When Barry broke the news a few weeks back that we’d be doing a multi day hike in the NewZealand wilderness I got very excited. I love being outdoors and as I mentioned in an earlier post, I love hoofing it about the place on foot so what better way to see some of New Zealand’s spectacular scenery than a few days of hiking?
The track he selected was the Routeburn, one of NZ’s Great Walks. Huts dotted along the way provide basic shelter for walkers but due to the route’s popularity, bookings for the huts are scarce. Barry managed to plan and book the entire thing so the hard work was done and all I had to do was show up!
The hike was simply stunning… snow capped peaks, glacial lakes, stunning views of far off valleys meant we were never short on motivation to keep going; knowing something spectacular lies around the next corner kept us powering through each rocky hill.
I felt extremely lucky every step of the way; lucky to be in such beautiful surroundings, lucky to have the health to complete such a walk, lucky to have had such quality time with the bro.
The huts were great places altogether! As I just sat back and let Bar plan everything, I had no idea what to expect from the huts… would there be toilets? (Yes) Would there be toilets that flushed?? (Yes!) Did we need cooking equipment? (Kind of) And what about electricity for charging things? (Absolutely not) The huts were a more basic version of alpine huts I stayed in previously in Austria: bunks & a basic mattress provided as well as cooking stoves but we needed sleeping bags & cooking gear and then we were pretty much set. There was a real sense of comradeship in the huts with people either preparing to start or finishing up the route so we bonded with strangers over tales of what to expect on the route. The Routeburn was our common ground so striking up conversations with our bunk mates was far easier than in other circumstances. We played cards with an American spy, got the talk about the Birds & Bees from a Canadian High School biology teacher, salivated thinking about stroopwafles with a Dutch hiker, jumped in an ice cold lake with some Germans & drifted off to the magical sound of someone in a neighbouring bunk unashamedly passing gas to beat the band.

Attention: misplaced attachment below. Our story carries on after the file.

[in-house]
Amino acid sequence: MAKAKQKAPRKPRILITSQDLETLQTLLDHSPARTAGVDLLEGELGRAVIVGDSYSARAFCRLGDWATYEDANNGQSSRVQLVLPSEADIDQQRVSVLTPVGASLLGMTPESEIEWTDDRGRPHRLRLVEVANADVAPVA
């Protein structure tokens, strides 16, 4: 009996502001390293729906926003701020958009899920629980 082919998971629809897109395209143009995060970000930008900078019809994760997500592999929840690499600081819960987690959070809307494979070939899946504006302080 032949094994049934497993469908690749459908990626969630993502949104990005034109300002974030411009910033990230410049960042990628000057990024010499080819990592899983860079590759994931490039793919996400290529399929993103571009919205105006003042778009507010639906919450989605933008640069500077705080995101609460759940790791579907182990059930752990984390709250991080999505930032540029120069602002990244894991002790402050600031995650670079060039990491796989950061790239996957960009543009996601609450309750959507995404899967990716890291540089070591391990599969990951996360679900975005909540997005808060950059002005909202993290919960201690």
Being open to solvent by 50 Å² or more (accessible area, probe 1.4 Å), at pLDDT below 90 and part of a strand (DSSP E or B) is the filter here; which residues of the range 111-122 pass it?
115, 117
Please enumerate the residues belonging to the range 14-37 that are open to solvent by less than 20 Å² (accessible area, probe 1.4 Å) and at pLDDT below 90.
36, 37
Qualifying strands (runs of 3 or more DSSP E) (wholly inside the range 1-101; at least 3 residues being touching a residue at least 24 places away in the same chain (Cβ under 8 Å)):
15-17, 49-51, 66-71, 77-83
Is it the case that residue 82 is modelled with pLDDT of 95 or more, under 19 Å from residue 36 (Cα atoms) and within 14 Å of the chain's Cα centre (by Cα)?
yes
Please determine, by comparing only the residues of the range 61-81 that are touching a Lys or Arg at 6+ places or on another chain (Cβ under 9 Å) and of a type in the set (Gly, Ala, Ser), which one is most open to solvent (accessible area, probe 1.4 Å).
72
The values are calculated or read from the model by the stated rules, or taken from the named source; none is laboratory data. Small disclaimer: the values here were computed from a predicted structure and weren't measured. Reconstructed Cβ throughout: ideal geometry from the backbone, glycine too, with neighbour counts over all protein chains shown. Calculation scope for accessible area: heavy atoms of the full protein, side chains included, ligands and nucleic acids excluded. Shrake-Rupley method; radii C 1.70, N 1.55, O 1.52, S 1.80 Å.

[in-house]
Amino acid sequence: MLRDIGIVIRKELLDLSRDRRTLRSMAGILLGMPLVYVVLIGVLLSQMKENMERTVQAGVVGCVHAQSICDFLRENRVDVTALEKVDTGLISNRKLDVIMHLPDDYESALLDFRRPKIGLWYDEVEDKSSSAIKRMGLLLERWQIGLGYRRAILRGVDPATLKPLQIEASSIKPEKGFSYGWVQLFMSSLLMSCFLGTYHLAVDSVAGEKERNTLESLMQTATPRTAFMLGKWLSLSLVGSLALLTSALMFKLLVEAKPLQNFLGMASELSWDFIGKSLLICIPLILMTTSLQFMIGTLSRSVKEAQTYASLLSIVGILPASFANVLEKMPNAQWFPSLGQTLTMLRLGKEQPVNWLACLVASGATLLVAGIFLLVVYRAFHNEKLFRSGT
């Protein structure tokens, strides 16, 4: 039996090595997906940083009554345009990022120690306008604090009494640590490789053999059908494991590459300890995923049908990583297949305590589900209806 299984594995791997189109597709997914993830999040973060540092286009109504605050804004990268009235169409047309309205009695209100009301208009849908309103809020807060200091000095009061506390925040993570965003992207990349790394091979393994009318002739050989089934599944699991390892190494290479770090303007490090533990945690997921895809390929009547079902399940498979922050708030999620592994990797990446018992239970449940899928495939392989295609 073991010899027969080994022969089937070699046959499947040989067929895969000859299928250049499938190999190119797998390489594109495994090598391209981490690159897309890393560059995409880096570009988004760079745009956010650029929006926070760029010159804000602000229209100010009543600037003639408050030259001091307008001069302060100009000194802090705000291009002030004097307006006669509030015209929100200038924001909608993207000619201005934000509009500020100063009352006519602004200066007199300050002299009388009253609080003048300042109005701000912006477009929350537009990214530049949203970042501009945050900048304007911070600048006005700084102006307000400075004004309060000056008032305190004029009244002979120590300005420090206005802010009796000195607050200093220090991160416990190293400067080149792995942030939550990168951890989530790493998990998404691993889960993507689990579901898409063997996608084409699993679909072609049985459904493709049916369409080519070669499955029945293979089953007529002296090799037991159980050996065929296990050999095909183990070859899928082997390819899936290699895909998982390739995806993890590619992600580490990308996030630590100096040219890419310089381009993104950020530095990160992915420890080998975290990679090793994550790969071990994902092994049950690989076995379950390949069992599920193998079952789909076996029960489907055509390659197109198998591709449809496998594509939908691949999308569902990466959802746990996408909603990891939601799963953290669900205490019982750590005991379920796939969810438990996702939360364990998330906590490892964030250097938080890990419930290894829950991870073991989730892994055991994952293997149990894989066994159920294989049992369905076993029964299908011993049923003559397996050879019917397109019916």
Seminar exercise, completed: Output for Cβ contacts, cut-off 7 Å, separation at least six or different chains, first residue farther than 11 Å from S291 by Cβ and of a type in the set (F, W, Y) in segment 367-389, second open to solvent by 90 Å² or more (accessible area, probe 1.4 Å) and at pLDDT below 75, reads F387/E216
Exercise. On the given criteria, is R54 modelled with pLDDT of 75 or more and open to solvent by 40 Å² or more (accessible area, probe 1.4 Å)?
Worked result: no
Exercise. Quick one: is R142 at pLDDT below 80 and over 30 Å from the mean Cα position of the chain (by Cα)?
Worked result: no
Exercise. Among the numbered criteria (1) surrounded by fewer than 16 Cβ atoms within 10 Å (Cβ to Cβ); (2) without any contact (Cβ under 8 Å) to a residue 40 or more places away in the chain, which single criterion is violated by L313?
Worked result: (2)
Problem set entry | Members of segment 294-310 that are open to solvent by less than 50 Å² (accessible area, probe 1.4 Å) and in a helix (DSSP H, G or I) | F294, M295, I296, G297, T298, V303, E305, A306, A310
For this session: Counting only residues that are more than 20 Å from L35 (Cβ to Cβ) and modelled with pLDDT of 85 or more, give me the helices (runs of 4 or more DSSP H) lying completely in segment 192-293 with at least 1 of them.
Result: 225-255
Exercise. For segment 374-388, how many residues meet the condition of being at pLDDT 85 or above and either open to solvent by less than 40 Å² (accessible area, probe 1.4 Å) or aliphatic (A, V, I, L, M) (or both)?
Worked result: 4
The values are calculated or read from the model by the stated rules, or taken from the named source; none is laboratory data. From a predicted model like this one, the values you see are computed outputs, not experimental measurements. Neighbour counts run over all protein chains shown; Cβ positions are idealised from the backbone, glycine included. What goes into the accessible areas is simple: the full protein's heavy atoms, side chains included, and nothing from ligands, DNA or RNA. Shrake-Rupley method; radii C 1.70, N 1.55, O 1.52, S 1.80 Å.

The route itself was just view, after view. I’ll let the photos do the rest of the talking…